George W. Cable: the Northampton Years

George W. Cable: the Northampton Years

George W. Cable: the Northampton Years

George W. Cable: the Northampton Years

Excerpt

In 1866, when he was twenty-one years old, George Washington Cable was an intense young man, thoughtful about postwar problems in turbulent New Orleans, industrious in his efforts to support his mother and sisters, ambitious for security and an honorable profession. He was as egocentric as other youngsters, and despite his seriousness and his religious upbringing his was not an ascetic spirit, but he had a sense of dedication and he aspired to something more than material success. His compulsion to achieve some worthy accomplishment, to win a notable reputation, he expressed when he wrote to his mother in January of that year, "May the world regret me when I die!" I believe Cable rarely lost sight of this goal during the years that followed. As his circumstances and environment altered, there were changes in his convictions, in his standards, even in his character, and there was a natural waning of his idealism. But when he died at eighty be bad realized his principal ambition, for his fiction about ante bellum Louisiana had been accepted as an important contribution to American literature and his labors for civic betterment bad made him an acknowledged public benefactor.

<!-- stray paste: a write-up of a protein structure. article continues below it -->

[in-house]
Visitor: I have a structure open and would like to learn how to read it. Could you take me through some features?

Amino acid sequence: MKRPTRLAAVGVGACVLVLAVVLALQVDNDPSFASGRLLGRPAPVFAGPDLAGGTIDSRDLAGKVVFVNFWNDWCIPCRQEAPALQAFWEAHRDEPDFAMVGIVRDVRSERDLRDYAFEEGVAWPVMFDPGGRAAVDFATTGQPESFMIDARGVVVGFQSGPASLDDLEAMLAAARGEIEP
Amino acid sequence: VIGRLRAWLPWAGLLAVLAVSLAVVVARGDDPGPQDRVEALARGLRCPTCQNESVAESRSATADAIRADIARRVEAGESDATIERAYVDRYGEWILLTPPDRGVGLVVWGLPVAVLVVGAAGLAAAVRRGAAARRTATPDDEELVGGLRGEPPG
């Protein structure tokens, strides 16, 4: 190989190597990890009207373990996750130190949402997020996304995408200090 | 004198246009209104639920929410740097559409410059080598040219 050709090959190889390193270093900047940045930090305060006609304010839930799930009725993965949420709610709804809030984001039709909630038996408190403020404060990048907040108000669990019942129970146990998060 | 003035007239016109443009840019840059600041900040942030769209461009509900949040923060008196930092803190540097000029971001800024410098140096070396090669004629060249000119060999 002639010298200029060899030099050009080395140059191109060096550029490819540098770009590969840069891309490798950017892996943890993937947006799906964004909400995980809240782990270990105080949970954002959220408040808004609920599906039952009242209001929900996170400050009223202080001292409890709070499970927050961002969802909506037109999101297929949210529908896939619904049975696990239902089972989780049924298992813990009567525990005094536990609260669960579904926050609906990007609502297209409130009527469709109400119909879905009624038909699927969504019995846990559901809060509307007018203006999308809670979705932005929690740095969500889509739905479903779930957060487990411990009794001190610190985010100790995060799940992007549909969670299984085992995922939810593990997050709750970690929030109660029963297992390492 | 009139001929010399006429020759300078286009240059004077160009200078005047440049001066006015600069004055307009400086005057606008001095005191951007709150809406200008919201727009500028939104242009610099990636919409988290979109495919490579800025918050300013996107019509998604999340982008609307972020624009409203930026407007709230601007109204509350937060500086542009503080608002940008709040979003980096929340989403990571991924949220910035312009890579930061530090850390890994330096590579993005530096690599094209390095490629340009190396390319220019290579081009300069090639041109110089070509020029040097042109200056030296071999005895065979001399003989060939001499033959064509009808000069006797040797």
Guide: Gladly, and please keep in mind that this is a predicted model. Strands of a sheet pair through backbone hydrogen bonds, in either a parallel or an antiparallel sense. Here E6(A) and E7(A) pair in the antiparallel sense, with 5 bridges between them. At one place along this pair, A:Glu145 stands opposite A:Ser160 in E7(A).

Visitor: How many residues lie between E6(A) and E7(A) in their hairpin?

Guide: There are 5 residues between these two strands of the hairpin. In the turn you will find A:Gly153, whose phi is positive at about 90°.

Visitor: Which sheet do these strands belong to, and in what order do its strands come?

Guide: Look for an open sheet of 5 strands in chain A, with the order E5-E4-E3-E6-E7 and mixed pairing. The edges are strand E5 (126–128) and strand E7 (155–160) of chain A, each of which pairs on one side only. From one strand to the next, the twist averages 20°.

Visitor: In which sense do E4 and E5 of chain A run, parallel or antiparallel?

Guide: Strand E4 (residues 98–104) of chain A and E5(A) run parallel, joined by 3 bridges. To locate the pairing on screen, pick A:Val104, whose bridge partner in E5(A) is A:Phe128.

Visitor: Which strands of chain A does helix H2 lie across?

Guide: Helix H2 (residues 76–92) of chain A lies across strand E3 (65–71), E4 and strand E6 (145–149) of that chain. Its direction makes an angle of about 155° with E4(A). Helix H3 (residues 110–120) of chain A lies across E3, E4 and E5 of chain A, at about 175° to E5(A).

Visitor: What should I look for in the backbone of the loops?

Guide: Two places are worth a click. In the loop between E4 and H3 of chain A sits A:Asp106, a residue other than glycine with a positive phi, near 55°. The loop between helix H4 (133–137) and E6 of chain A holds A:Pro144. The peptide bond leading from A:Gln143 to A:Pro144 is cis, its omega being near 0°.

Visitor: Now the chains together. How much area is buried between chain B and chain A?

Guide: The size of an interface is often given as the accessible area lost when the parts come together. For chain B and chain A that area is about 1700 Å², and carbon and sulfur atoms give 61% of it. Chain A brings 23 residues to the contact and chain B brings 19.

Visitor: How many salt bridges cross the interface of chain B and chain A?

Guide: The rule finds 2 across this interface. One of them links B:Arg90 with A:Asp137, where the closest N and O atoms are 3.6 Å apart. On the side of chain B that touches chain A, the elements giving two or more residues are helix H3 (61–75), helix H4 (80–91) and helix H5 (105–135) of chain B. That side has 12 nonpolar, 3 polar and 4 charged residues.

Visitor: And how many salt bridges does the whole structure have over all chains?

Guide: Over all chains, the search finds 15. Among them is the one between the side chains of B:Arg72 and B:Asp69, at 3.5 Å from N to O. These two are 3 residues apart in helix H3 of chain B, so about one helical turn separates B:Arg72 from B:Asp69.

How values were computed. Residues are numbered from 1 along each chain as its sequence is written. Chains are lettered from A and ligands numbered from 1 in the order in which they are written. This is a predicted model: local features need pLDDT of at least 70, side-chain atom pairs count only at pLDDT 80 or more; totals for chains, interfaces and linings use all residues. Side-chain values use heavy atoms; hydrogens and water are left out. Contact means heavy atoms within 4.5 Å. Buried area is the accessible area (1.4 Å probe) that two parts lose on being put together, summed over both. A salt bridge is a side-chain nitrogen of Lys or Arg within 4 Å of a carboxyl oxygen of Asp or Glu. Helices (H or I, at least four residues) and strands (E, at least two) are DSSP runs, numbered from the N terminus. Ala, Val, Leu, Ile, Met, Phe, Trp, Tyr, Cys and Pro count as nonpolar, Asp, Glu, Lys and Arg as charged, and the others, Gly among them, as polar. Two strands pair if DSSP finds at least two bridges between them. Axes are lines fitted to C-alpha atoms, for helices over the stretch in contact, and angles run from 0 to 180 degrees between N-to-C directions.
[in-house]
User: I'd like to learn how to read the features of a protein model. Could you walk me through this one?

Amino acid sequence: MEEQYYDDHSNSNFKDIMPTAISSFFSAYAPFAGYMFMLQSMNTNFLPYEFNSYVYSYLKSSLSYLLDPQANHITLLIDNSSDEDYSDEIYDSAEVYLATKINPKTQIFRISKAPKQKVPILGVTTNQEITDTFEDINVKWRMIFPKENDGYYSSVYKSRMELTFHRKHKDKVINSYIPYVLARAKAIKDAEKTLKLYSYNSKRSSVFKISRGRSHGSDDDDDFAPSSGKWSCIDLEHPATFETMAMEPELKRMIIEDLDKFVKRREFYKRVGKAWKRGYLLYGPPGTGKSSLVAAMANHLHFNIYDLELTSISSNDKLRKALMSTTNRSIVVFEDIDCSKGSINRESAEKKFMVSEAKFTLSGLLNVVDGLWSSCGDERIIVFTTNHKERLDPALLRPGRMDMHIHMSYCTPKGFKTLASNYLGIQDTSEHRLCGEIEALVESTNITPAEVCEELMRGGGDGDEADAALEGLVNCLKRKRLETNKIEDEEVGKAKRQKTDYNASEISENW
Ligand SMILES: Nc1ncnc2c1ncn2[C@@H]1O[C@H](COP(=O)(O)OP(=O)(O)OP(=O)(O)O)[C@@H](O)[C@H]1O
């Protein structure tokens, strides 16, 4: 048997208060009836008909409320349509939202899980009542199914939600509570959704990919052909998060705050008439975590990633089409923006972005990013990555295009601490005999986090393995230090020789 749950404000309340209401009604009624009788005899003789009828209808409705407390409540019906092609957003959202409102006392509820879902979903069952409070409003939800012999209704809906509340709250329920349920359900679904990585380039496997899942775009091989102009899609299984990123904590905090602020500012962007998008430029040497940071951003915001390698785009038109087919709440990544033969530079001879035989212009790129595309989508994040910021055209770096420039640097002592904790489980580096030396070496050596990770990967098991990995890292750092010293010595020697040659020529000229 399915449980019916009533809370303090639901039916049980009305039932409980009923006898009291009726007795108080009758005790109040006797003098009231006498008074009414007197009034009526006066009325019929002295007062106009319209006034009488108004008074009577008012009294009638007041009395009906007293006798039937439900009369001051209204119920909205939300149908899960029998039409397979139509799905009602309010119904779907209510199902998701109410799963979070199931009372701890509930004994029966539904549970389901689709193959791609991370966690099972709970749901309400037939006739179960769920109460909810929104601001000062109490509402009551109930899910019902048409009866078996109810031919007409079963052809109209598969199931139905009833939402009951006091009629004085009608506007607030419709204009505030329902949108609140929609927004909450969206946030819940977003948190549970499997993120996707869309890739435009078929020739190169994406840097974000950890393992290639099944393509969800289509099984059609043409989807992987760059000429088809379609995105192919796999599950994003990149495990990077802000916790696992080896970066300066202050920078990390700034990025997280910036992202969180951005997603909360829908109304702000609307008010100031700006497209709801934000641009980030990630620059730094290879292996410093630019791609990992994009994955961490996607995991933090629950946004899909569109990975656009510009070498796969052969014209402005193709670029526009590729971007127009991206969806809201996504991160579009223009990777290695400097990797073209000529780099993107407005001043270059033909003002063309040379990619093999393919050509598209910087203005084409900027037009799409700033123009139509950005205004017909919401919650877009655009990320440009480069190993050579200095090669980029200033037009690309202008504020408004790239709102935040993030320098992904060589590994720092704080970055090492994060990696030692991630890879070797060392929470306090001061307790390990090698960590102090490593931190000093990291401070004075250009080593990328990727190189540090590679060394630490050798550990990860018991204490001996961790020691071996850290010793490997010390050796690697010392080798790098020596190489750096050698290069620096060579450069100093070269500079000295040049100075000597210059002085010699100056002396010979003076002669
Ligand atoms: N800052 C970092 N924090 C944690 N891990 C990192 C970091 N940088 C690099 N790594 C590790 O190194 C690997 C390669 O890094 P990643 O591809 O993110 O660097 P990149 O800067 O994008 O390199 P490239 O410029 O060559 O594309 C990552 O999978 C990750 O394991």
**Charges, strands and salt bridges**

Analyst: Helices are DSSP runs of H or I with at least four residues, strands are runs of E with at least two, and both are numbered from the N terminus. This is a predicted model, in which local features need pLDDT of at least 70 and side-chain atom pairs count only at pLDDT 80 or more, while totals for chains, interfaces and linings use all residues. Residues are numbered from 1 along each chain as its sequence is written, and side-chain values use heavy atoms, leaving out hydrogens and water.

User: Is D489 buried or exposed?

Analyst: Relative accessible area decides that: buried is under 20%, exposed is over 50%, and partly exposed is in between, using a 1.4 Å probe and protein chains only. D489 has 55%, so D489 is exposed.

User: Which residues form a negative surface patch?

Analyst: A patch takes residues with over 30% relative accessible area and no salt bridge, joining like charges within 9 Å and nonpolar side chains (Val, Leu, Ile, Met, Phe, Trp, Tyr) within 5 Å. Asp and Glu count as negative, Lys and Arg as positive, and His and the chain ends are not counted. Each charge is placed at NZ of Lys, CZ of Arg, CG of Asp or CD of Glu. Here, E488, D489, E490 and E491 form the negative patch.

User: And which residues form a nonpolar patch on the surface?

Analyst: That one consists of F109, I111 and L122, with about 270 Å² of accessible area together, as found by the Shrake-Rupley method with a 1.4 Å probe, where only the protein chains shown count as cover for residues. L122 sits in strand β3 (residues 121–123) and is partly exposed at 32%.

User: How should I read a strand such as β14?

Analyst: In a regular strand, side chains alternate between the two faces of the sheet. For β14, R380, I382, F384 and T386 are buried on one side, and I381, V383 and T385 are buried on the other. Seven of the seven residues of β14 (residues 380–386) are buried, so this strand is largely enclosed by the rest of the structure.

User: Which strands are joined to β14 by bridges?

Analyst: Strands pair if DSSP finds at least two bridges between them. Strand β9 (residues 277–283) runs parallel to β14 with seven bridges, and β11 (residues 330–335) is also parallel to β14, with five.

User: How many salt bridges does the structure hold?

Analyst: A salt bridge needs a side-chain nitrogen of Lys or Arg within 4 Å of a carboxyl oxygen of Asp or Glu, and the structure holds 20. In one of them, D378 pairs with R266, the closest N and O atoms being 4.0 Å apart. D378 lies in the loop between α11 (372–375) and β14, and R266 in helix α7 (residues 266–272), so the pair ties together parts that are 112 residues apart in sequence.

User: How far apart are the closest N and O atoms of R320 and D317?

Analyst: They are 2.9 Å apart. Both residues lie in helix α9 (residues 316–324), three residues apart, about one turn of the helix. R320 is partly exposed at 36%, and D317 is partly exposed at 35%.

This book is particularly concerned with Cable's role as a . . .

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